The Day After

August 1, 2014

One day after share prices hit an air pocket, investors received a lot more high-profile economic news including the U.S. July Labor Department report on jobs and unemployment and numerous manufacturing purchasing manager surveys, also for July.

Back to form, the dollar hasn’t moved much further.  The greenback has changed most against sterling, +0.3%, and risen 0.1% against the yuan and loonie.  Dollar/yen is unchanged, while the U.S. currency has slipped 0.2% relative to the Swiss franc and by 0.1% against the euro, kiwi, and Australian dollar.

In the Pacific Rim, share prices fell by 1.6% in India, 1.4% in Australia, 1.1% in New Zealand, 0.9% in Singapore, Hong Kong and China, and 0.6% in Japan.  In Europe, stocks have slumped 1.9% in Spain, 1.8% in Germany, 1.3% in Britain, 1.1% in France, 1.0% in Switzerland and 0.6% in Italy.

The ten-year U.S. Treasury yield had been higher but is now two basis points lower on balance.  Ten-year sovereign debt yields in Germany and Britain are a basis point and two bps higher, while the Japanese JGB is steady.

Oil fell by 0.7% to $97.47 per barrel.  Gold is 0.1% firmer at $1,284.30.

On the geopolitical front, Gaza fighting enjoyed only the briefest of cease fires.  The situation there looks bleak.  Sanctions against Russia for Putin’s reprehensible behavior are being ramped up.

The U.S. jobs report brought mixed news.  Nonfarm payroll employment went up 209K in July, and jobs growth for May-June was revised upward by a combined 15K.  Although the 209K advance was not quite as much as forecast, it was the sixth in a row of at least 200K, and that’s the longest such streak since the first seven months of 1997.  Labor participation, which Fed officials are watching very carefully, ticked up 0.1 to 62.9%, but the jobs-to-population ratio stayed at 59.0%.  Both ratios are historically very low.  Wage growth was zero on month and held steady at 2.0% on year, down from 2.4% in May.  Unemployment ticked back up to 6.2%, and the broadest measure of un- and under-employment, 12.2%, was also 0.1 percentage point higher.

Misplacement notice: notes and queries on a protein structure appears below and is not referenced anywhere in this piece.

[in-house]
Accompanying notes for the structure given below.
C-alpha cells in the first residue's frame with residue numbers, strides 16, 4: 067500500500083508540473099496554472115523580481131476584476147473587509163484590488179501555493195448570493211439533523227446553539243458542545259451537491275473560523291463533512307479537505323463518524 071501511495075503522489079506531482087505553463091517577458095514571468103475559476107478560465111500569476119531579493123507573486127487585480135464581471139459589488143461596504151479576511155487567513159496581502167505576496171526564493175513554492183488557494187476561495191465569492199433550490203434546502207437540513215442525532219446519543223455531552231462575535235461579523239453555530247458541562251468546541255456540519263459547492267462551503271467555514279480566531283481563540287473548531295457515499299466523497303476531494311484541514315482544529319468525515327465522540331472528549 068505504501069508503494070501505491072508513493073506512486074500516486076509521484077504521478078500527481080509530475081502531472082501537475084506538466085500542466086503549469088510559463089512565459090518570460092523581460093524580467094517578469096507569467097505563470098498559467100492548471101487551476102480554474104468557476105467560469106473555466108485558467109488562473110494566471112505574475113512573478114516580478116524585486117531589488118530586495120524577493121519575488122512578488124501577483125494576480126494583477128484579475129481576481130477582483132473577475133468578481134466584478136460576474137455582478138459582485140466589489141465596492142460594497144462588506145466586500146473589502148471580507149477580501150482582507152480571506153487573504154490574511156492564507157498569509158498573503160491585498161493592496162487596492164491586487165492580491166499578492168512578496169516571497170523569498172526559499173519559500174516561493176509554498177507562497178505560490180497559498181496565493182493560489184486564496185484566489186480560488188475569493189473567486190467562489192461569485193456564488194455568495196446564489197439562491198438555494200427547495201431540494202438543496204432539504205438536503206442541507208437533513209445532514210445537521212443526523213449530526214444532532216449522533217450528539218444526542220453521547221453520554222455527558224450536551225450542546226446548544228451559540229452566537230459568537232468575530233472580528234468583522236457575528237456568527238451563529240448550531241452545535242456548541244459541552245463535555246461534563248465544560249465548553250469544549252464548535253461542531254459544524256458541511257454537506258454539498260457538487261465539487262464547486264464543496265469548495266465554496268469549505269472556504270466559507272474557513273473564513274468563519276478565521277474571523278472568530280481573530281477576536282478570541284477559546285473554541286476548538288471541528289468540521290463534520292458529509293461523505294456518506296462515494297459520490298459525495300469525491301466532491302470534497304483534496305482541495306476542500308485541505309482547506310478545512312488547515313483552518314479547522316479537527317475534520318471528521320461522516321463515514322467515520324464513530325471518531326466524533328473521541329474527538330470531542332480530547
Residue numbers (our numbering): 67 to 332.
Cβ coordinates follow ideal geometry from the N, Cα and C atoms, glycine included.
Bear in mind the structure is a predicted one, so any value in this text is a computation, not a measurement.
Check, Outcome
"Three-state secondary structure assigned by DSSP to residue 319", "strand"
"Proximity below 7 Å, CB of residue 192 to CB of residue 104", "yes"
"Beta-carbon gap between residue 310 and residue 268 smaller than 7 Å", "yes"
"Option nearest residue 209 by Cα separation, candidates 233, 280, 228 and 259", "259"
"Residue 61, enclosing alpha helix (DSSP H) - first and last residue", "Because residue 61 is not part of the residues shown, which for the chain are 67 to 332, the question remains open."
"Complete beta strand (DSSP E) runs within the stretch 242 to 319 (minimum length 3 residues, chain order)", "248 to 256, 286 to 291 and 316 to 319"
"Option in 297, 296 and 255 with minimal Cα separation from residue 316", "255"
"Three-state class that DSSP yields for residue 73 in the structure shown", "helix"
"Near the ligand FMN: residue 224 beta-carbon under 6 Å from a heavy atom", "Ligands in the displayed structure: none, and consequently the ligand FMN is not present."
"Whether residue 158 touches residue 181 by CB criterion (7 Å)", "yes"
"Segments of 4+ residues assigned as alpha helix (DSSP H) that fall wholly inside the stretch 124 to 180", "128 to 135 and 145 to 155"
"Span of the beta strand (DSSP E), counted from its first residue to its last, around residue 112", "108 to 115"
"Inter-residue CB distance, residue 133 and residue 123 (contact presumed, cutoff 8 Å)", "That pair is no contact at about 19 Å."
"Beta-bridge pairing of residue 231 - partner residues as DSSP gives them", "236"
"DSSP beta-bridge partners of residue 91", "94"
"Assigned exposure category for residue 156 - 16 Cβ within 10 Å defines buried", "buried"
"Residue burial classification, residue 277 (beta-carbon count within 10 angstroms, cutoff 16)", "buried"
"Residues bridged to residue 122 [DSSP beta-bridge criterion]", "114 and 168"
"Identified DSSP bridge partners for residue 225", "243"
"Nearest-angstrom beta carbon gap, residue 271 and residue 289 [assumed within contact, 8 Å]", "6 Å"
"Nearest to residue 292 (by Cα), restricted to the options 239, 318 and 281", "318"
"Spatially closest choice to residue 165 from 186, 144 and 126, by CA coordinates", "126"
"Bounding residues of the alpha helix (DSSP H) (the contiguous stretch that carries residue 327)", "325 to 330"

U.S. personal income and spending data for June showed a 0.4% increase in spending, most since March but just 0.2% in inflation-adjusted terms.  Personal income also rose 0.4%, but real disposable income climbed only half as much.  The personal consumption price deflator rose 0.2% on month and slowed in year-over-year terms to 1.6% from 1.7% in May.  Excluding energy and food, the PCE price deflator edged up 0.1% on month and continued to show a 12-month increase of 1.5%.

Euroland’s purchasing managers index for manufacturers printed in July at 51.8, marginally under the preliminary indication and the same result as in June, which then was a 7-month low.  Among Ezone members, France’s 47.8, a 7-month low, reflected deepening contraction.  Greece scored a 9-month low of 48.7 and the second sub-50 outcome in a row.  Italy’s 51.9 was an 8-month low, and Spain’s 53.9 was below June’s 50-month high of 54.6 and even with the print in May.  Germany and Ireland improved to 3-month highs of 52.4 and 55.4, while the Dutch and Austrian PMIs of 53.5 and 50.9 represented 2-month highs.